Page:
# Derivation of $E=h\nu$?

I found this question here and the answers got me thinking.

Take a case where $\Psi(x,t)$ is the linear combination of two eigenvectors of a charged particle:

$\Psi(x,t)=c_1\psi_1e^{-iE_1t/\hbar}+c_2\psi_2e^{-iE_2t/\hbar}$.

At $t=0$ the wave function is:

$\Psi(x,0)=c_1\psi_1+c_2\psi_2$.

The probability density distribution is:

$P(x,t)=\Psi^*(x,t)\Psi(x,t)$.

$P(x,t)=|c_1\psi_1|^2+|c_2\psi_2|^2+c_1c_2^*\psi_1\psi_2^*e^{-i(E_1-E_2)t/\hbar}+c_1^*c_2\psi_1^*\psi_2e^{-i(E_1-E_2)t/\hbar}$.

So $P(x,t)$ is (obviously) not constant but contains elements that oscillate with angular frequency $\omega=(E_1-E_2)/\hbar$ and frequency $\nu=(E_1-E_2)/h$.

Does this explain Bohr's equation: $E_1-E_2=h\nu$?

As soon as you write the first equation, you're asserting that $h$ or $\hbar$ is the conversion between frequency and energy, otherwise you wouldn't be able to write $E t / \hbar$ and have it make sense, dimensionally. Therefore, when you take an energy difference, you still use $h$ to get $\nu$ from $E$. What you've called "Bohr's formula" is just the statement that the difference between two atomic energy levels is $h \nu$ for some $\nu$. I suspect the actual information you want to prove is that this is then the frequency of an absorbed or emitted photon, but that just follows from conservation of energy. The real leap is just knowing that there exists a constant, called $h$ or $\hbar$, that can convert between frequency and energy.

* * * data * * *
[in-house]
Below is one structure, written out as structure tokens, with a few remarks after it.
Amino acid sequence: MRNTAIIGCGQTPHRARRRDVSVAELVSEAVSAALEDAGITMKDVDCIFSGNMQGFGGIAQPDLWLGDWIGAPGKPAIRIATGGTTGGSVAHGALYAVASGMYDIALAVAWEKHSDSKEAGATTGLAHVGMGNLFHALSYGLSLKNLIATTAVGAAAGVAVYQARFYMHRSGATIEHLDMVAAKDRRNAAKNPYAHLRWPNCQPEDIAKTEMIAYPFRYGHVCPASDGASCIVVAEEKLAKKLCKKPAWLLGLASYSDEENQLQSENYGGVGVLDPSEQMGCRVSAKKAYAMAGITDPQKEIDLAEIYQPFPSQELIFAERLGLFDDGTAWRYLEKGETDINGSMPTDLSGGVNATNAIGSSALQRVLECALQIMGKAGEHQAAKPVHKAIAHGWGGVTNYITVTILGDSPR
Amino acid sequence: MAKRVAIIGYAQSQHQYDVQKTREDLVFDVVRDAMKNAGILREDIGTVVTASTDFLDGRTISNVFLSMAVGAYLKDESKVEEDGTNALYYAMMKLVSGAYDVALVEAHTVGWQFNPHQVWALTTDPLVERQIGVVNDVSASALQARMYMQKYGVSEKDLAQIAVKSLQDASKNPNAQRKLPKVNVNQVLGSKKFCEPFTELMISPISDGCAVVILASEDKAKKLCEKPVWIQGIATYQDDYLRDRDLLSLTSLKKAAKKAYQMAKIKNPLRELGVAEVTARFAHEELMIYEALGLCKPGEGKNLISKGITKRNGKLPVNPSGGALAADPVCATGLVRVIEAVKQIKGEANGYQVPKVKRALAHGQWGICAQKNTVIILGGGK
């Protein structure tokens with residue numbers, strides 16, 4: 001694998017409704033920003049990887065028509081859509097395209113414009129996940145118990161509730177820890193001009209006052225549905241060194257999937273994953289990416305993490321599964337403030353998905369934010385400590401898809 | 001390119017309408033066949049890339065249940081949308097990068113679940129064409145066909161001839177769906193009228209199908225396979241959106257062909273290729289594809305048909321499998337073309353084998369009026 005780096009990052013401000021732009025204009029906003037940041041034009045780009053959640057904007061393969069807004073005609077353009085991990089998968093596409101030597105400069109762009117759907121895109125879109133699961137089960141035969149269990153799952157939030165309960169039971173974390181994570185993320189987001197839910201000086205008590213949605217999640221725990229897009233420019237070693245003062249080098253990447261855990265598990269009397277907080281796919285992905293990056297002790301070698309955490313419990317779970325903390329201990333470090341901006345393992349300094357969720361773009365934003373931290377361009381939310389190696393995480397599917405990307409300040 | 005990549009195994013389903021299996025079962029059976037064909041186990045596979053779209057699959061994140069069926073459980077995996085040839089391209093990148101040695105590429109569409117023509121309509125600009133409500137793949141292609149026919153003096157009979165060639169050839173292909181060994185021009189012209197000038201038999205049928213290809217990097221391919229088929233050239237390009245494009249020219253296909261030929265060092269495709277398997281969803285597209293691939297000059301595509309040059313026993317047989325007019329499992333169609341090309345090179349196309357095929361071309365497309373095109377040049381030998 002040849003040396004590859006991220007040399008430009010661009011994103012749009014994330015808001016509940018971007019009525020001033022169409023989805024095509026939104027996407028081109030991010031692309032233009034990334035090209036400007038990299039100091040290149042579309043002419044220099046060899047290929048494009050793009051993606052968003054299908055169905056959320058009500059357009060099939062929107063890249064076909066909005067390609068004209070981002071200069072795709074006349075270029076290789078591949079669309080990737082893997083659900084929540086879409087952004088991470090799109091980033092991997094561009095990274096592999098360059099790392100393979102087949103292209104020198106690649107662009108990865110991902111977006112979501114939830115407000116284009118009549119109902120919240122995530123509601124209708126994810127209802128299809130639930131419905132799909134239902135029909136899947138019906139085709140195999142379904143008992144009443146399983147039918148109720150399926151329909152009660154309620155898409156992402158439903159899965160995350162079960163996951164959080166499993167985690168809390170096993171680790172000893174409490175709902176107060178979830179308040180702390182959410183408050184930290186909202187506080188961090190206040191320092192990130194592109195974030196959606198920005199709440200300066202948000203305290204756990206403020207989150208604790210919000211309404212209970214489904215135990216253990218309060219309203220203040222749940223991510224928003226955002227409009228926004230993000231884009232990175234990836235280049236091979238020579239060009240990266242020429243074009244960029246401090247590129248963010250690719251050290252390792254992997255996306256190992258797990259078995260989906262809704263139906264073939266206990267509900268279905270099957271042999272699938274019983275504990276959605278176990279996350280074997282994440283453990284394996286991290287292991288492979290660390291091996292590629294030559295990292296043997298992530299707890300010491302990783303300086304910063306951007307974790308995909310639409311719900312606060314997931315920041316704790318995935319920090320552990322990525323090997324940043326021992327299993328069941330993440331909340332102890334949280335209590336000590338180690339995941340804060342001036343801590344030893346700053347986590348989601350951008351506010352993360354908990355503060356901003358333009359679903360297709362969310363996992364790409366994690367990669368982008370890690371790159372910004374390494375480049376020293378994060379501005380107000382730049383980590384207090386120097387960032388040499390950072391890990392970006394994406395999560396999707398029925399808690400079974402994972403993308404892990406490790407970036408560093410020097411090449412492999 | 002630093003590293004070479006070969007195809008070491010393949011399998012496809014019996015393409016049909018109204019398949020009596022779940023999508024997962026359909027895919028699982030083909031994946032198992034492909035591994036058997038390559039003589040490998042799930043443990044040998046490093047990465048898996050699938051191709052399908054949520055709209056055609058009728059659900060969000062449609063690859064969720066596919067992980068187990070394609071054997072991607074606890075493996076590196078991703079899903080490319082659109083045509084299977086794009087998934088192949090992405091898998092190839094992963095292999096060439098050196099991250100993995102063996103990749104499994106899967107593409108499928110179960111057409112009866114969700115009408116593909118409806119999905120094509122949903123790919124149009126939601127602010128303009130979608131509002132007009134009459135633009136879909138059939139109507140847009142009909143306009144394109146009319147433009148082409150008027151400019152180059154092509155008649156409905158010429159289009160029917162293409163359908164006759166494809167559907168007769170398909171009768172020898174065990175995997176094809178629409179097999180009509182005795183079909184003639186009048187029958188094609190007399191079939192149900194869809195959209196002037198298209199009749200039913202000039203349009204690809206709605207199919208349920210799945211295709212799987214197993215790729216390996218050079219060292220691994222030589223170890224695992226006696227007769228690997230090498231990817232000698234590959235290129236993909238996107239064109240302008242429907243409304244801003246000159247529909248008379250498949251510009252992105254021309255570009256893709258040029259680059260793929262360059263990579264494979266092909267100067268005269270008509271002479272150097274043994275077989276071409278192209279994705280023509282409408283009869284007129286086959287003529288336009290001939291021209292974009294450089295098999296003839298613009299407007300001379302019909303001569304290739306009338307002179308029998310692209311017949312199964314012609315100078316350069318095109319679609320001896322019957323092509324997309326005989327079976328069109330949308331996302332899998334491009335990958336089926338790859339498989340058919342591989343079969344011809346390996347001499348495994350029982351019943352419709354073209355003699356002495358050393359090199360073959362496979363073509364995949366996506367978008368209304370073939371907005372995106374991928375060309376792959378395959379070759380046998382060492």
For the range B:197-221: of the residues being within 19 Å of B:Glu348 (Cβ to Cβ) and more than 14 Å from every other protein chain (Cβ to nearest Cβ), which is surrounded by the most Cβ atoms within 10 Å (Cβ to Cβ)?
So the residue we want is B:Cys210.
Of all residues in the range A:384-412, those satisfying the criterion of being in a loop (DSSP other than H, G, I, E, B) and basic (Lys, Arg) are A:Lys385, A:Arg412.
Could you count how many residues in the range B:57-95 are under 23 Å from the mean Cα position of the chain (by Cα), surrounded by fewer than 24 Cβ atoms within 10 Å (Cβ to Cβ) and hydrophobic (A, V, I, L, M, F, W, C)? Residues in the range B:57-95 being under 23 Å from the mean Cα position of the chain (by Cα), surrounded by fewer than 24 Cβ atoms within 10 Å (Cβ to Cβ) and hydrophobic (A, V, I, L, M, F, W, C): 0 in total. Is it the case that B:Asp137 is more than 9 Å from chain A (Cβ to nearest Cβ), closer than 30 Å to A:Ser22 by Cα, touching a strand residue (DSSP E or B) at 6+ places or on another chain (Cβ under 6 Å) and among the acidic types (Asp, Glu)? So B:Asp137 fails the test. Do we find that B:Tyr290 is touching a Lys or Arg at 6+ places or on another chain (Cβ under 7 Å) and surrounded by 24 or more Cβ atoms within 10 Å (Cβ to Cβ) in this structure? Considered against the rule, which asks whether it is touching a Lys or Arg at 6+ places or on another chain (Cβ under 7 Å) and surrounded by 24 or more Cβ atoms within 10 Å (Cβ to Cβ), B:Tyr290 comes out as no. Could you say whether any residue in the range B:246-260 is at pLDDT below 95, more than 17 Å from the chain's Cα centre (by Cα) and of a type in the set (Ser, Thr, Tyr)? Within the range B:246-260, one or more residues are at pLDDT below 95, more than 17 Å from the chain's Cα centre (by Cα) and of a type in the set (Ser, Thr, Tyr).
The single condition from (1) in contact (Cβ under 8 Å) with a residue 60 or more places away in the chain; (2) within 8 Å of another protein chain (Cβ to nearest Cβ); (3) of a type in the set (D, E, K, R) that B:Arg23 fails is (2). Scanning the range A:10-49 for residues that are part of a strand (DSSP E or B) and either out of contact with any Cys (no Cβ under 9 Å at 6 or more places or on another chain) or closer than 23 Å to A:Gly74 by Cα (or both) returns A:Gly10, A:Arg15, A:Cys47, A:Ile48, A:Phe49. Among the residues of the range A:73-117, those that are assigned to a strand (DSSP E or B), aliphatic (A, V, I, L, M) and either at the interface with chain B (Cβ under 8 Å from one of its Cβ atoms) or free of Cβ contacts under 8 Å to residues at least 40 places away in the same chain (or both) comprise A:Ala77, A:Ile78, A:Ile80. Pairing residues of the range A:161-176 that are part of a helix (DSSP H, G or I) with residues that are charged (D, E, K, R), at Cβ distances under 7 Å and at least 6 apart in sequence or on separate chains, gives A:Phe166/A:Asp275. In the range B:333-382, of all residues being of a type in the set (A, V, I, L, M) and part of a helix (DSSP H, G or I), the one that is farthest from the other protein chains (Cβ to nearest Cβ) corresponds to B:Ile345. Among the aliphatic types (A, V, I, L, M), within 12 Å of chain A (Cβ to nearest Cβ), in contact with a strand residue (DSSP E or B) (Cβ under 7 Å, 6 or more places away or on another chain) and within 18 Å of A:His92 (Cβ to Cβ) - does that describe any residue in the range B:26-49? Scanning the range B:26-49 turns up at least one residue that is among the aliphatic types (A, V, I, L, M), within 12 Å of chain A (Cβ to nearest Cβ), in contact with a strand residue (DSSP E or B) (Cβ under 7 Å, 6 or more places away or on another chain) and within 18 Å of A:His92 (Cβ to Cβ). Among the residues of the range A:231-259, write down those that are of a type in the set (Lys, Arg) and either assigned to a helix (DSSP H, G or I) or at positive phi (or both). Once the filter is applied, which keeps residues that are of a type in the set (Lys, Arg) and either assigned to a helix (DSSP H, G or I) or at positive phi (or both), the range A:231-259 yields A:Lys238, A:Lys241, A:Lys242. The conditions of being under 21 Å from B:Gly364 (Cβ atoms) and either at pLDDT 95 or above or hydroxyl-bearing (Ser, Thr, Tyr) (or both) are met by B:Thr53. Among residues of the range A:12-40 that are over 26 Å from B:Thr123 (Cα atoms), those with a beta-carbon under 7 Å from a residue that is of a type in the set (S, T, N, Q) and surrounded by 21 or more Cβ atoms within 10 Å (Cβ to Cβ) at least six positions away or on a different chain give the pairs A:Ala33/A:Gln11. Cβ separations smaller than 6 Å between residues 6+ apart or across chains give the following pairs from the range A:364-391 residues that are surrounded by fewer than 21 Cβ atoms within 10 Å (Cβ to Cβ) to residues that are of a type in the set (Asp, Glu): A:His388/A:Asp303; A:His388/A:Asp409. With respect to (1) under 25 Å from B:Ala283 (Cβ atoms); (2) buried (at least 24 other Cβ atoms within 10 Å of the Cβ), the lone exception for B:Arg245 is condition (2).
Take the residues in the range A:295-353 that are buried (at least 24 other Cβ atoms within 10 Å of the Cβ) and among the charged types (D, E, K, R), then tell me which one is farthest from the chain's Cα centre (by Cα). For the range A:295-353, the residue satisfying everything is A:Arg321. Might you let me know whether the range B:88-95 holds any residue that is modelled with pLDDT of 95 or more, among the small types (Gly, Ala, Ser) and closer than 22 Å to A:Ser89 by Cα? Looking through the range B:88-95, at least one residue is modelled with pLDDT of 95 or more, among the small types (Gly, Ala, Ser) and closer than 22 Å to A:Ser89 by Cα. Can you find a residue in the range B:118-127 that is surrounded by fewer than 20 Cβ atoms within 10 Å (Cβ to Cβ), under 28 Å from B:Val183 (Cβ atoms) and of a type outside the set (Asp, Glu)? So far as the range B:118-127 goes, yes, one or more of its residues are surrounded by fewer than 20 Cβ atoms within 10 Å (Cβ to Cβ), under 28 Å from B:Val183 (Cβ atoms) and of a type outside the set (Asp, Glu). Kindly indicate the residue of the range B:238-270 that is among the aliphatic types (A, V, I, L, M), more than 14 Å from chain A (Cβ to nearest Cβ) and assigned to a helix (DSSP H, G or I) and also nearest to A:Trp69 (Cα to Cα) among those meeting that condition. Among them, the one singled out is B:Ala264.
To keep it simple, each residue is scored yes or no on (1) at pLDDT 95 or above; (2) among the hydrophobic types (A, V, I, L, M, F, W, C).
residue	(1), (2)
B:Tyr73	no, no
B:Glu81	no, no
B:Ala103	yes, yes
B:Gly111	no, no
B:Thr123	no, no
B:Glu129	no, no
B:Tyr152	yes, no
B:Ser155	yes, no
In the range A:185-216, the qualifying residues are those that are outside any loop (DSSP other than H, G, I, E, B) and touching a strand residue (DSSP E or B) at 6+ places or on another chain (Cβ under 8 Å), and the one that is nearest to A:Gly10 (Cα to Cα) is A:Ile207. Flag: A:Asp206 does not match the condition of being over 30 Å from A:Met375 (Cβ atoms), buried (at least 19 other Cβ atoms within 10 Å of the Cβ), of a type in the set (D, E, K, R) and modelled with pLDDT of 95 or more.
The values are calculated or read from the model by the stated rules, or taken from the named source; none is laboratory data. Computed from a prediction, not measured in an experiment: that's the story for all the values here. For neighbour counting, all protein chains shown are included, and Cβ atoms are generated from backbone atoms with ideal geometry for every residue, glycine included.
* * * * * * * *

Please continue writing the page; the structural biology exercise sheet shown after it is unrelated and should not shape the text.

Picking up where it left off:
As pointed out in zeldredge's answer, what is missing is the connection to the photon. However, I do think you can fix this problem. If you couple a system that exhibits natural oscillations at certain frequencies to an external force that oscillates at some frequency $\omega$, then you get a resonance when $\omega$ matches one of the natural frequencies. Conservation of energy then yields that in a quantum mechanical treatment of the force field, the quanta that appear must have energies of the form $\hbar\omega$, which is indeed the case for a harmonic oscillator.